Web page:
upholding justification charge when it "mirrored the model charge"Summary of this case from Cheeseboro v. Cunningham
Argued April 22, 2002.
May 8, 2002.
Appeal by the defendant from a judgment of the Supreme Court, Kings County (Mastro, J.), rendered December 19, 1994, convicting him of murder in the second degree, upon a jury verdict, and imposing sentence.
Lynn W. L. Fahey, New York, N.Y. (Denise A. Corsi of counsel), for appellant.
Charles J. Hynes, District Attorney, Brooklyn, N.Y. (Leonard Joblove, Anthea H. Bruffee, and Davis Polk Wardwell [Zachary D. Stern] of counsel), for respondent.
Before: SANTUCCI, J.P., MILLER, KRAUSMAN, GOLDSTEIN, JJ.
ORDERED that the judgment is affirmed.
The 14-year-old defendant was convicted of intentional second-degree murder as a result of his shooting of a 16-year-old boy who tragically happened to be in the wrong place at the wrong time. Allegedly in retribution for a prior robbery of one of his friends, the defendant chased the alleged robber down a crowded Brooklyn street, firing multiple shots at him from a nine-millimeter handgun. One of those shots went astray and killed Jerome Foster. Even crediting the defendant's claim that he had obtained the gun only moments earlier by taking it from the alleged robber during a struggle, the jury clearly was within its province in rejecting the defendant's justification defense (see People v. Hernandez, 192 A.D.2d 363).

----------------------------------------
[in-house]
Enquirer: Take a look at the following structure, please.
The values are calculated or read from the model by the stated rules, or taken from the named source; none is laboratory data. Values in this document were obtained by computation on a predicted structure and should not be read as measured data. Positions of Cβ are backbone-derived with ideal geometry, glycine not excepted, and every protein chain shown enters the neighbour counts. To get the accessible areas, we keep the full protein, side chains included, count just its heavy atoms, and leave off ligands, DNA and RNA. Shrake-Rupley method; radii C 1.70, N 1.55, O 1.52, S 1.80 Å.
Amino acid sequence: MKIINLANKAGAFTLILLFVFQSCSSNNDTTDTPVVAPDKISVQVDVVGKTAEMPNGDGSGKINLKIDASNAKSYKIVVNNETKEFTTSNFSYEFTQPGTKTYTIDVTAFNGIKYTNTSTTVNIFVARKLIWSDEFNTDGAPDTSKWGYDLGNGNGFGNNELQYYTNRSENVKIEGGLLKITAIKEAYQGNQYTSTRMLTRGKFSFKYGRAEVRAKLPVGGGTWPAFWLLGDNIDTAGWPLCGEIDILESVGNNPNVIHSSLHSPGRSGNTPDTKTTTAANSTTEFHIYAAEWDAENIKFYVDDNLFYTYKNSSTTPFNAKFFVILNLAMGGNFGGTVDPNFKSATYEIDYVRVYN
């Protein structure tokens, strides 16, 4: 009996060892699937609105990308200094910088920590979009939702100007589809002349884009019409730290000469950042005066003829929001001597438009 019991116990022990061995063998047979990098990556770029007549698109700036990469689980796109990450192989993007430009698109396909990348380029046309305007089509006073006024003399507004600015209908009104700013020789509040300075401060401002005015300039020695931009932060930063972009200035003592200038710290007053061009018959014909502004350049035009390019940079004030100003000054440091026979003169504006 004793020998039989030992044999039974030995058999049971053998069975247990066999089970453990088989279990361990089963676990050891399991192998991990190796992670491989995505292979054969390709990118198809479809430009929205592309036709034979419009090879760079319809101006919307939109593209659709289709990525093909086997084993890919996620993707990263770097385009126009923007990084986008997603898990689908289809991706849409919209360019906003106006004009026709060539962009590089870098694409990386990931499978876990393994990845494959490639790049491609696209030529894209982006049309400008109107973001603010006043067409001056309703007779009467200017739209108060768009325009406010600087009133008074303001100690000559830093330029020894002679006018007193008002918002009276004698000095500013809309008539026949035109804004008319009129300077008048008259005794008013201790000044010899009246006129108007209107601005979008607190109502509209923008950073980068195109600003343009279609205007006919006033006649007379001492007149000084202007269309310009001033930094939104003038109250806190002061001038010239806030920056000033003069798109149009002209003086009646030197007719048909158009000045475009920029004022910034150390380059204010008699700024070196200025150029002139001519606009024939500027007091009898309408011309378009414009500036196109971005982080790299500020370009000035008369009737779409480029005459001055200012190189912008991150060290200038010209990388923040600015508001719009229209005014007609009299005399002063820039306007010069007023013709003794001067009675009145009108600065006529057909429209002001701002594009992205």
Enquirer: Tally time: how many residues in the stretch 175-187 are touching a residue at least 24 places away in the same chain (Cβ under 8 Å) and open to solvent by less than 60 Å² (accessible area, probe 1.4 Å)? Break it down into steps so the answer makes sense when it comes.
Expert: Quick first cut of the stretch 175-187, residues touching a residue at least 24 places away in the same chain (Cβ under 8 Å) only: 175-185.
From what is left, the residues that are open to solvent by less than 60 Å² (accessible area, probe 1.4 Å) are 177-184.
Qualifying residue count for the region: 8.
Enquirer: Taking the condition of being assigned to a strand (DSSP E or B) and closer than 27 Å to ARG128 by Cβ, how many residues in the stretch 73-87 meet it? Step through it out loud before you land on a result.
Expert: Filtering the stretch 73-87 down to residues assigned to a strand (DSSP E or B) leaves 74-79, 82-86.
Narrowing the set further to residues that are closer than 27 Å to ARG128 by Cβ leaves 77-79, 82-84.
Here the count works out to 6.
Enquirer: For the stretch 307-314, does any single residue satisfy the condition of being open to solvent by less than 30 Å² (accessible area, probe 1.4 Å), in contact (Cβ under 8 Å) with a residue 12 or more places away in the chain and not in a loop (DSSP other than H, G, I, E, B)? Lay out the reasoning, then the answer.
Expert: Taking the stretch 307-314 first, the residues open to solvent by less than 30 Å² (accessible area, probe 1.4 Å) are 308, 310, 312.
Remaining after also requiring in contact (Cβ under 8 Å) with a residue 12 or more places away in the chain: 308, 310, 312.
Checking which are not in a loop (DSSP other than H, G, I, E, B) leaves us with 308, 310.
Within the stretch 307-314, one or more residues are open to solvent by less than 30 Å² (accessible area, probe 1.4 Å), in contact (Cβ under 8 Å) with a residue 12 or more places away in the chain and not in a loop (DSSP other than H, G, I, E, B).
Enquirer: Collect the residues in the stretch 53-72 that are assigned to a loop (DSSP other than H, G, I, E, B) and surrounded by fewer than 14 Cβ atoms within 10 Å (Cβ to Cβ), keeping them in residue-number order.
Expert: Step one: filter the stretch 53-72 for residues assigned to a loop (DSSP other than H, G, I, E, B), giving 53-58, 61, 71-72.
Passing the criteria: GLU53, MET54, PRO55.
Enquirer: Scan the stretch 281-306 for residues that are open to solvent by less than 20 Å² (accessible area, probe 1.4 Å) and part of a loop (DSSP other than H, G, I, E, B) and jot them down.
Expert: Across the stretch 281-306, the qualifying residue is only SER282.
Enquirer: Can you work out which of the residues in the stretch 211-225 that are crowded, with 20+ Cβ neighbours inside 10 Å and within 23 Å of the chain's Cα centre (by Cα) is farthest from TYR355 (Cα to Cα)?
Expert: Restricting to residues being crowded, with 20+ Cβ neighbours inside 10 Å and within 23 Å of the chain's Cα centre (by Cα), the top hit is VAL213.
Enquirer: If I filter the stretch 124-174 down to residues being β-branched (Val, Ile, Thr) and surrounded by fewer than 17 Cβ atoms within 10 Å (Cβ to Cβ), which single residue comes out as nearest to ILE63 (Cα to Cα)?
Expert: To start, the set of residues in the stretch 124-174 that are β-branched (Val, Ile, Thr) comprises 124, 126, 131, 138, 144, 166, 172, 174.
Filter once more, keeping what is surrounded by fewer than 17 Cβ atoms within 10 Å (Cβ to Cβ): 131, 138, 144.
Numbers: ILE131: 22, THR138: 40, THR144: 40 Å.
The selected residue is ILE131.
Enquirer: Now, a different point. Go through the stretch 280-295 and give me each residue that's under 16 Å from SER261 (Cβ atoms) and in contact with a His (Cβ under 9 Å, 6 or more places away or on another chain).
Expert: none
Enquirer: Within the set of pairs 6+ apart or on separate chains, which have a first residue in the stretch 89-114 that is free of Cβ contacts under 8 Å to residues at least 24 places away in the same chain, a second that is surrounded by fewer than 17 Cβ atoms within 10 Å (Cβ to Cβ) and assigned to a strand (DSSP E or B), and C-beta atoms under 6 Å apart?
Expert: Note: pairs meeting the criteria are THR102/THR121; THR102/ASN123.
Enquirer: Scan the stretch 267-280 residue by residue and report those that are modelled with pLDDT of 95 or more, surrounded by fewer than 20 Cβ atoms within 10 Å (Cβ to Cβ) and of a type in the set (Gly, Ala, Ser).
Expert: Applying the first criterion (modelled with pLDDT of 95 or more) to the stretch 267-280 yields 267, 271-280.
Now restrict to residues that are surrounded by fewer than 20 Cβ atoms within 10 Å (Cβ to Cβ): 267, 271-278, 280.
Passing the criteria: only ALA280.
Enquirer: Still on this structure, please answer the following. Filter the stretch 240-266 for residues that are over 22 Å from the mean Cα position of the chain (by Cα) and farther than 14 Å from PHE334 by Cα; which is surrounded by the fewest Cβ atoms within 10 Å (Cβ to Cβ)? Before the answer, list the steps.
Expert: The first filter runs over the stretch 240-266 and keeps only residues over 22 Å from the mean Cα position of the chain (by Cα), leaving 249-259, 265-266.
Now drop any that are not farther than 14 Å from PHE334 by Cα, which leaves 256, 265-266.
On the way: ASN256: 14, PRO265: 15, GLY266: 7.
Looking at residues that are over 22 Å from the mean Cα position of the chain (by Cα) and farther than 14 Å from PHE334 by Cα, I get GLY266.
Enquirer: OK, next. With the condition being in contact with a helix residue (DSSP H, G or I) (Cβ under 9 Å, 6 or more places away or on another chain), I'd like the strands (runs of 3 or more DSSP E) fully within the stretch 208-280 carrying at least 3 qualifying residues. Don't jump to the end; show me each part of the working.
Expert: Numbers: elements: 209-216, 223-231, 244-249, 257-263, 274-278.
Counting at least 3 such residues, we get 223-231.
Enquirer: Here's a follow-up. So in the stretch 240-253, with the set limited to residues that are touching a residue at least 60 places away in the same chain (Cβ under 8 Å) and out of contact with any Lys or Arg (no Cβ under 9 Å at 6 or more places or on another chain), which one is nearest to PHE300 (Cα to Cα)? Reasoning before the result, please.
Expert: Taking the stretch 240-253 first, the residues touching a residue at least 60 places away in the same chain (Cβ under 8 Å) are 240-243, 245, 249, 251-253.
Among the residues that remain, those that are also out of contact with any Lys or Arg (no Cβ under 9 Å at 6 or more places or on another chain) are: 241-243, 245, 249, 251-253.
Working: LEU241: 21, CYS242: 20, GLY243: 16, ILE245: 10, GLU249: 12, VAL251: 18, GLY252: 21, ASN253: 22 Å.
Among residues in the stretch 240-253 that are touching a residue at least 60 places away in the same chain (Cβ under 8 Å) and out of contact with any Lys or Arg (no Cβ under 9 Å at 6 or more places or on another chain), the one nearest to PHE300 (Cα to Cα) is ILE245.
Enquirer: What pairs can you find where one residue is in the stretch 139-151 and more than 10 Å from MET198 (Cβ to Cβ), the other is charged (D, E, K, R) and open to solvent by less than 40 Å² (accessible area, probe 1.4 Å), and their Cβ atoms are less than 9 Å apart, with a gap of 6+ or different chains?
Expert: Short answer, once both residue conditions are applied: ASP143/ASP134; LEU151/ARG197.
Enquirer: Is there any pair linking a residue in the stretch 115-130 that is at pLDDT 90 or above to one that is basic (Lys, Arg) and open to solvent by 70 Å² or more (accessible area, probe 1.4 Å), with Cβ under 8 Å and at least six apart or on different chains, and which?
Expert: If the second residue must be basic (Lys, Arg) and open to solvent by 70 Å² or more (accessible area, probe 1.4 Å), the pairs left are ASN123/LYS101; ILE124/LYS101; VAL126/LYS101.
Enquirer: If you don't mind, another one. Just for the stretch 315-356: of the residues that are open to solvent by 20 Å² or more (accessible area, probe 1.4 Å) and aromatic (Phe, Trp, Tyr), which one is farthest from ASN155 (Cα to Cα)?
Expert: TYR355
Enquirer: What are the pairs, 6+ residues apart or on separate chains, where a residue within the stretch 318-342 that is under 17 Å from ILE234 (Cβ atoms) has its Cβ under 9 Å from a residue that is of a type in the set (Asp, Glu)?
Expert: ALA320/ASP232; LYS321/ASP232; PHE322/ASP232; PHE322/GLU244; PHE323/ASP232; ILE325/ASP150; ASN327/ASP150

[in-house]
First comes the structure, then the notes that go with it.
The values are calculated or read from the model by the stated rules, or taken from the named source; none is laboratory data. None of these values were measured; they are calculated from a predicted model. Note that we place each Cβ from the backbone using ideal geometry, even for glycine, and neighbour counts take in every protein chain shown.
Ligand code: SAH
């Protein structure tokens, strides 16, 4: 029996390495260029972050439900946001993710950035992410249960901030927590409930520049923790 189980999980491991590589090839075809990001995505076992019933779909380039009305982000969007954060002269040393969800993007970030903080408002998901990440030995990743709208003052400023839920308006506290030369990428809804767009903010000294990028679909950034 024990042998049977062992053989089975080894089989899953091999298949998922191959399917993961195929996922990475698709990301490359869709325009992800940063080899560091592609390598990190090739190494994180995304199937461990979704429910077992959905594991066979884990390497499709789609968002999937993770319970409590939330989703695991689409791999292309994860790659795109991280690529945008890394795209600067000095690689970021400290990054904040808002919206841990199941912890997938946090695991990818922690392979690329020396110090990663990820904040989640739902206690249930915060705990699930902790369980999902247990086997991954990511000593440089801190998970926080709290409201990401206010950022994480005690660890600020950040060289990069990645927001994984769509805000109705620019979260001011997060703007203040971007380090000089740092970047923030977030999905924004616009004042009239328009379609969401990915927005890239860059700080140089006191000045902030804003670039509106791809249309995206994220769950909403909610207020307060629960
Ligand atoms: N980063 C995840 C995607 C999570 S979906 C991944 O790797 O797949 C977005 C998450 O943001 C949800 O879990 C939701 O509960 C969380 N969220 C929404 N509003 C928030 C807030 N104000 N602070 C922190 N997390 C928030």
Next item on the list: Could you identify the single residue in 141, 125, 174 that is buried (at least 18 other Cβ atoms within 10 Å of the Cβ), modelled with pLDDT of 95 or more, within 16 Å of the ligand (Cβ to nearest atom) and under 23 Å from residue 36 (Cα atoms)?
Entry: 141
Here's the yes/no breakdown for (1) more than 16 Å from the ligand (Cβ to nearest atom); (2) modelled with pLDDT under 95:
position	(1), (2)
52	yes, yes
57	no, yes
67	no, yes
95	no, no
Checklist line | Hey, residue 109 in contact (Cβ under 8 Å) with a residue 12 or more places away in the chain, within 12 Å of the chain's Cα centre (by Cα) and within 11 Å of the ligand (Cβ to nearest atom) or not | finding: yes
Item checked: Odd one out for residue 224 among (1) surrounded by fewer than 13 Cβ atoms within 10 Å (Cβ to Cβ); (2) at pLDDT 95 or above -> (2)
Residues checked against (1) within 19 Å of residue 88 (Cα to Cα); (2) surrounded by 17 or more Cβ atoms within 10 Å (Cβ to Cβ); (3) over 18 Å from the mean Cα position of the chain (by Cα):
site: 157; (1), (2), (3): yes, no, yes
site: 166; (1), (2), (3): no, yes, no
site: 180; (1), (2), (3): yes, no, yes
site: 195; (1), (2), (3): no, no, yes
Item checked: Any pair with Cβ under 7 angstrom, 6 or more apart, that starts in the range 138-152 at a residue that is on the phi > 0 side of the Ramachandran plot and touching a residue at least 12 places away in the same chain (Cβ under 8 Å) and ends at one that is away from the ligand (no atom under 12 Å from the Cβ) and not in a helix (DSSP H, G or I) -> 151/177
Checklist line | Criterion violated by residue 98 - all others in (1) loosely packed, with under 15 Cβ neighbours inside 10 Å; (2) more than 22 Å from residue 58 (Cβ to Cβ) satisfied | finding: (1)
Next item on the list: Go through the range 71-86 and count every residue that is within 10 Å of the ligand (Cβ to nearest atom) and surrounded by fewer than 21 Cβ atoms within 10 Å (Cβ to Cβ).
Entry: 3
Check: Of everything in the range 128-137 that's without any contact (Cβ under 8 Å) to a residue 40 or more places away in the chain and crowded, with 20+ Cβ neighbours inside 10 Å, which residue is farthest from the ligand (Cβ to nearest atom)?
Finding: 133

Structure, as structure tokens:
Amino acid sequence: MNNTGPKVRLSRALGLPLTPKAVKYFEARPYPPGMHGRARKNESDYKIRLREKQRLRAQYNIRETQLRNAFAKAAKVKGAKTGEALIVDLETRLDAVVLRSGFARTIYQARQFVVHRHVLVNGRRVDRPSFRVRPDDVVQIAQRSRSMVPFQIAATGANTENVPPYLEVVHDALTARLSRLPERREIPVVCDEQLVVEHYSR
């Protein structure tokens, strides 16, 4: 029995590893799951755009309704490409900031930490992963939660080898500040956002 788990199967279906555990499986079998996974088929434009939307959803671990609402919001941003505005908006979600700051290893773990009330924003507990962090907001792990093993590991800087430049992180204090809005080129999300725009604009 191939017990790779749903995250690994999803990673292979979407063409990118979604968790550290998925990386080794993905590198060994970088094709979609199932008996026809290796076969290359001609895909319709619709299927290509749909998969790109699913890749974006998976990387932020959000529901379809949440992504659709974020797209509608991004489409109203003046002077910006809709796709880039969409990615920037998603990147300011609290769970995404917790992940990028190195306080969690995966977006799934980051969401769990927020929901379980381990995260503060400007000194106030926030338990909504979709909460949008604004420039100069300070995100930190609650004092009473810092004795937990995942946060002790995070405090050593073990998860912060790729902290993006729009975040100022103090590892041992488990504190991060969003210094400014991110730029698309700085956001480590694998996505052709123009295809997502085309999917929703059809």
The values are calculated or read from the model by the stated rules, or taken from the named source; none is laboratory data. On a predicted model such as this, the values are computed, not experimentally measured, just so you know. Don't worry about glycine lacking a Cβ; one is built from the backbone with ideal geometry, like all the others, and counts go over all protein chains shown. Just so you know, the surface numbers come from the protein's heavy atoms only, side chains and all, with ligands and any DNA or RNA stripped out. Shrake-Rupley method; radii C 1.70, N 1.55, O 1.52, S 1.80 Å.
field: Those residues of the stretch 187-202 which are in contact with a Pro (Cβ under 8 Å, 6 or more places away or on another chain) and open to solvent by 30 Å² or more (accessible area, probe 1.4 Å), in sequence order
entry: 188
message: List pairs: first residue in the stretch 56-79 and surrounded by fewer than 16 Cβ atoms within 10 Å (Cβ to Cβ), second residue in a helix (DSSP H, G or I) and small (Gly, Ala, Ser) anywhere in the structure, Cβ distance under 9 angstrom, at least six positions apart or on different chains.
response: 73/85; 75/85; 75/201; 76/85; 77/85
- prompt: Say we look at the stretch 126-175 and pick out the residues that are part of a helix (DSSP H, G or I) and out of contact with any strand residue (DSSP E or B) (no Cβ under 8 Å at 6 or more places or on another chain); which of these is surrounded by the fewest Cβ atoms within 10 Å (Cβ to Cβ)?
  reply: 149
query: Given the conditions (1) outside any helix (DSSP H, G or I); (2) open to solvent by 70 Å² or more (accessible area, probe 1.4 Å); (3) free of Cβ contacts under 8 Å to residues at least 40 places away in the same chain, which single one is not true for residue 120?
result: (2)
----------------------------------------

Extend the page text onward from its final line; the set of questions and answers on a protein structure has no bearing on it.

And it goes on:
The defendant's present challenges to the court's justification charge are unpreserved for appellate review (see CPL 470.05; People v. Abreu, 287 A.D.2d 644; People v. Lovelace, 287 A.D.2d 652). In any event, the court's charge mirrored the model charge as set forth in 1 CJI(NY) 35.15(2)(b). The trial court properly instructed the jury that it could find that the defendant was justified if it found that he reasonably believed that deadly force was necessary to defend himself from a robbery and that the average reasonable person in the defendant's situation also would have reasonably believed that such force was necessary (see People v. Santos, 280 A.D.2d 561, 562).
The defendant likewise failed to preserve for appellate review his contentions regarding the prosecutor's summation (see CPL 470.05; People v. Tevaha, 84 N.Y.2d 879; People v. Heide, 84 N.Y.2d 943; People v. Medina, 53 N.Y.2d 951; People v. Banks, 258 A.D.2d 525, 526). In any event, although some of the prosecutor's remarks exceeded the bounds of advocacy and were better left unsaid (see People v. Ashwal, 39 N.Y.2d 105, 109; People v. Walters, 251 A.D.2d 433, 434), the errors were harmless in light of the overwhelming evidence of the defendant's guilt (see People v. Crimmins, 36 N.Y.2d 230, 241-242; People v. Brown, 285 A.D.2d 472; People v. Clausell, 223 A.D.2d 598).
The defendant's remaining contentions are without merit.
SANTUCCI, J.P., S. MILLER, KRAUSMAN and GOLDSTEIN, JJ., concur.